Thank you for waiting. It is very difficult to raise newborn baby rabbits with handfeeding, so I was hoping we might be able to return Baby to the mother, but when the mom kills and eats babies, obviously that's not possible. If this was the doe's first litter, you could try a second time because some young does will do this the first time and will raise their babies well after that. If she has killed other litters, then I wouldn't breed her again.
I'll give you a link in a moment that has very detailed instructions on caring for orphan babies. For now, I'll summarize. The acidophilus is fine. Goats' milk is the closest substitute for rabbit milk. You can often find it in health food stores. It is usually combined with some other ingredients, such as KMR to make a formula. If you've been feeding from one of the tiny bottles they sell for orphans, you might get better results by using a syringe. That's good news that the baby is going to the bathroom on her own. This site has detailed instructions on all aspects of raising orphans, including a recipe for the formula:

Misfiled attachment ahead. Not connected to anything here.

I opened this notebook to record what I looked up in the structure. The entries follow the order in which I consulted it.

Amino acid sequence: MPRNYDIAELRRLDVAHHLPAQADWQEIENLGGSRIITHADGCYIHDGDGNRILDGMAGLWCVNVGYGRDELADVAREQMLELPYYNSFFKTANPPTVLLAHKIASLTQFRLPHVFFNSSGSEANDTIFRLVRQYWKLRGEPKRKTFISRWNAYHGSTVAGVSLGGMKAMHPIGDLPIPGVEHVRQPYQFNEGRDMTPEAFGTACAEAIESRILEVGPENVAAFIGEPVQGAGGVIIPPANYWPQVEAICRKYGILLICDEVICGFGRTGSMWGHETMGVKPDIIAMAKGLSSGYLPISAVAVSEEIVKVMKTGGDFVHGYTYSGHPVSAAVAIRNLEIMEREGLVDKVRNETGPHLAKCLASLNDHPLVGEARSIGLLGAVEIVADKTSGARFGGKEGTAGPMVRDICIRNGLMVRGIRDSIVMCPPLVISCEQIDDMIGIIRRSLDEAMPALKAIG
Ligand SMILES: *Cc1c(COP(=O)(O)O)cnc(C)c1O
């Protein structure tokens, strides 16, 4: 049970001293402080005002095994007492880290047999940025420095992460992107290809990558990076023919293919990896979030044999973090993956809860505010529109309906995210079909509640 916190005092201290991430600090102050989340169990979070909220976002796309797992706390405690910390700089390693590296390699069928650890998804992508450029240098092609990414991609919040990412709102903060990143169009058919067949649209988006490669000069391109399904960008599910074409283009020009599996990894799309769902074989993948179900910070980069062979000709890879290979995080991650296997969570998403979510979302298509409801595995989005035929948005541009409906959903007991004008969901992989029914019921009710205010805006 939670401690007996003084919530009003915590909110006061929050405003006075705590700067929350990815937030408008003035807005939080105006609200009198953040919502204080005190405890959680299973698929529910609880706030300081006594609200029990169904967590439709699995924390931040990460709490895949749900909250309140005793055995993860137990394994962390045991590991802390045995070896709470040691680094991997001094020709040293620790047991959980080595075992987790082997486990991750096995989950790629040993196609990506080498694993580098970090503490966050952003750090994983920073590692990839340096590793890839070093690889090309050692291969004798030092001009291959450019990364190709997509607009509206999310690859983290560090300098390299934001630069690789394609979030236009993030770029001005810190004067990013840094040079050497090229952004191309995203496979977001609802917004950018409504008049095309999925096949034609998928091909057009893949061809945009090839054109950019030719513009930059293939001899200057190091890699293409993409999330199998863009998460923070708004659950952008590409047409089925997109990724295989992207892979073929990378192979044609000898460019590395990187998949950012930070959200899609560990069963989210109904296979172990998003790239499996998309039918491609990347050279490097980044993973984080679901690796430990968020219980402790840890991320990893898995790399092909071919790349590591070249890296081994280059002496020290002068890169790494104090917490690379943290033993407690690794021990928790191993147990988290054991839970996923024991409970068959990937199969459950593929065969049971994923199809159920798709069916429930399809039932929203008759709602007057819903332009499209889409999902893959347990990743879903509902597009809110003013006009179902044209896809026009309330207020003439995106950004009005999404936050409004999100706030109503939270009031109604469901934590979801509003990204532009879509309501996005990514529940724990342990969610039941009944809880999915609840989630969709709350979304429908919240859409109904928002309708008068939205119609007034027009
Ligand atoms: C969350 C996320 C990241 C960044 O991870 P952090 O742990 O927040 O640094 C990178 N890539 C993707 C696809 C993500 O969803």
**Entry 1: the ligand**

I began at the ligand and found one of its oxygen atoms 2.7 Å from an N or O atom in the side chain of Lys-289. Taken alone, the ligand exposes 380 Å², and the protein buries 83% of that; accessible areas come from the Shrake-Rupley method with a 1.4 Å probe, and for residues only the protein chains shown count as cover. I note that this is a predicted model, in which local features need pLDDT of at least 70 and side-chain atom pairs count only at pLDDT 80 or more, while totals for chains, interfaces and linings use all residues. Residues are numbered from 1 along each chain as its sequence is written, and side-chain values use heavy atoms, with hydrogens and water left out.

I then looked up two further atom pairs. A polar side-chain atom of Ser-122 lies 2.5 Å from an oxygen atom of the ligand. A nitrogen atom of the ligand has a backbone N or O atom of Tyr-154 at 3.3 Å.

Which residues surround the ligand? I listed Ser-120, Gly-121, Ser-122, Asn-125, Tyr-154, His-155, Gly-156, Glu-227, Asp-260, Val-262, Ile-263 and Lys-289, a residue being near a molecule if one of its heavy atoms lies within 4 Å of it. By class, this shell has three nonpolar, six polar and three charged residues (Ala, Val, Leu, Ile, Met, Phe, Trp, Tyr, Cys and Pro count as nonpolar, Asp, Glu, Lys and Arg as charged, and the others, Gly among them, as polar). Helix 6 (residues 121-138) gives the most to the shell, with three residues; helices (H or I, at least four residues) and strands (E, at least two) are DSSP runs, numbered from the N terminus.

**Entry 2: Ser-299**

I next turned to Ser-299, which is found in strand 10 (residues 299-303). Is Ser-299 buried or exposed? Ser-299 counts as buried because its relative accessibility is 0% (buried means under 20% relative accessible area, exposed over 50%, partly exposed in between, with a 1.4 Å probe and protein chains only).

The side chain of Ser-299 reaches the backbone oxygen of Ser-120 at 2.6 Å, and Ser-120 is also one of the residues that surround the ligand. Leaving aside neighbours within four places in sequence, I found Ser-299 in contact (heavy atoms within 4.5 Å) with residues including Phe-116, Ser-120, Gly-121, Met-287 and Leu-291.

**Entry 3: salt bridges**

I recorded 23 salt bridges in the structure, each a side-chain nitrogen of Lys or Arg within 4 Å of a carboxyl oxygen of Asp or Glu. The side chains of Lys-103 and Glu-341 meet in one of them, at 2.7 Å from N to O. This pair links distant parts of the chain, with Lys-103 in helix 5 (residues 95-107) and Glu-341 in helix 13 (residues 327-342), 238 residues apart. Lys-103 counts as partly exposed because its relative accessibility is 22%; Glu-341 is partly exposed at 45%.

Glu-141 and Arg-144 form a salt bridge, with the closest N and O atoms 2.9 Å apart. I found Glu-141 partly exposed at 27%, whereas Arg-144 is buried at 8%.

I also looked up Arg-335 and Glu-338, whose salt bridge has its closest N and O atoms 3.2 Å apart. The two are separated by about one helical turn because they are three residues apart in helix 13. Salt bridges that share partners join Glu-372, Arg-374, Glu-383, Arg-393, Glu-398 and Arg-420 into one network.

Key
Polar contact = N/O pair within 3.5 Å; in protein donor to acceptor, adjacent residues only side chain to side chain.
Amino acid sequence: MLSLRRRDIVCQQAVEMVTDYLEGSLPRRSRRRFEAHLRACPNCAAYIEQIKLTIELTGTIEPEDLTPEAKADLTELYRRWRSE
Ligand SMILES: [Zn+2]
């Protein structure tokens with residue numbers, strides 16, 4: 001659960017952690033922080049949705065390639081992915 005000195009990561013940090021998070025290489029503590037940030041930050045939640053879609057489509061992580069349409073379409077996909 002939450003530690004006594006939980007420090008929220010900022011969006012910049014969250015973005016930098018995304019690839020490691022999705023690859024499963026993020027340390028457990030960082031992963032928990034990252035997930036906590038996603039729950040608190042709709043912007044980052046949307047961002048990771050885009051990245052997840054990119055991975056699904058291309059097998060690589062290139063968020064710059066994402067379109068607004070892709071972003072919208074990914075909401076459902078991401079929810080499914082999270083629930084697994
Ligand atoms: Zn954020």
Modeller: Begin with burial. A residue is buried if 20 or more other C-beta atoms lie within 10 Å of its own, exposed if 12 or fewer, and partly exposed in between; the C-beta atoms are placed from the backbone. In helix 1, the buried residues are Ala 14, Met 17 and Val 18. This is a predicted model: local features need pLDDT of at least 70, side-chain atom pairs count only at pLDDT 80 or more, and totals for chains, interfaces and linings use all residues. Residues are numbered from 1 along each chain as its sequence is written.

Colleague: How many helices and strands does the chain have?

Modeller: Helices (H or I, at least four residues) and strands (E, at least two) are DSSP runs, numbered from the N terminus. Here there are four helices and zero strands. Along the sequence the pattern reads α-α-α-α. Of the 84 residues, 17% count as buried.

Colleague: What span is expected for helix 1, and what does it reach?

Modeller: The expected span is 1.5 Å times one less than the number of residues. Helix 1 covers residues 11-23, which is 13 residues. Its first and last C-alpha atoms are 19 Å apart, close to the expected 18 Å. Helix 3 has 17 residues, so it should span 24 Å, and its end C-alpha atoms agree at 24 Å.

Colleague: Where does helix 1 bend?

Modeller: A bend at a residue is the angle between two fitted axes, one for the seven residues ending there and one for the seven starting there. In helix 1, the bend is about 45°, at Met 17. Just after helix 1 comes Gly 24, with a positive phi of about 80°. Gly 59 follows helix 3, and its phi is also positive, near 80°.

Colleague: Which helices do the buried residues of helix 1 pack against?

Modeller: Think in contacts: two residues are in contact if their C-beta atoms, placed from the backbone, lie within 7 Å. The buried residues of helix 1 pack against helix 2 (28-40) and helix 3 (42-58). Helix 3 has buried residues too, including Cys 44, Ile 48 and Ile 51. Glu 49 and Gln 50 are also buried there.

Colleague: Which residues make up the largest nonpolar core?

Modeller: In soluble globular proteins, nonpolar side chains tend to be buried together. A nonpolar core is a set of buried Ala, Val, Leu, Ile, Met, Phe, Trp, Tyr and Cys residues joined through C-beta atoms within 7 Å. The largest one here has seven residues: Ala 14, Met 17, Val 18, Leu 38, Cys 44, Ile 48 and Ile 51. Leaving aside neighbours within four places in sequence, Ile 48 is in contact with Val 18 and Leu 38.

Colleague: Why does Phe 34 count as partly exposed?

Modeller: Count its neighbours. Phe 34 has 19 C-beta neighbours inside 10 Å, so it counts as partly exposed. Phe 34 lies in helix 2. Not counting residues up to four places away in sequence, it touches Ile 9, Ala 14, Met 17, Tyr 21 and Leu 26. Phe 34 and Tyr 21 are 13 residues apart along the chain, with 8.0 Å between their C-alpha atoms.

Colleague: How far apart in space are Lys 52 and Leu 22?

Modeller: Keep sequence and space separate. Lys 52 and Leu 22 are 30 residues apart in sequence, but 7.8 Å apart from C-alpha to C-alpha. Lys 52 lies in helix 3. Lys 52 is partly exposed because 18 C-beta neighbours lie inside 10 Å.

Since this little one doesn't seem to be growing, you might want to add a little cream to the formula. Too much is dangerous. Add about one tablespoon per can of KMR.
Overfeeding is one of the most common causes of losing orphan rabbits. Mother rabbits only feed their babies once or twice per day. With very young orphans, it may be necessary to feed more often, but after the first few days, it's best to go to a more natural schedule. At one week of age, the babies should consume 5-7 cc/ml at each feeding (two feedings per day). You don't want the stomach to distend too much. When feeding more than twice per day, divide the amount up between the feedings.
At two weeks, you'll go with 7-13 cc/ml each feeding. When their eyes open, start giving them timothy hay, pellets, and water, but do continue the twice a day feedings.
From three to six weeks, they'll need 13-15 cc/ml at each feeding. After six weeks, if they're eating solid foods well, you can wean them.
Sometimes there are babies that just fail to thrive, whether the mother is feeding them or we are. It seems they are born with a genetic defect that causes this. If the other baby you are raising is doing well, that may be the case with this smaller one. But I wouldn't give up. I would read the information on the site I gave you above, add the small amount of cream to the formula, use a syringe to feed so you can measure the amount, and make sure she is eating the proper amount at each feeding. You will be doing all you can, and then you'll just have to see what happens.
If you have more questions, just let me know. I hope both babies will thrive.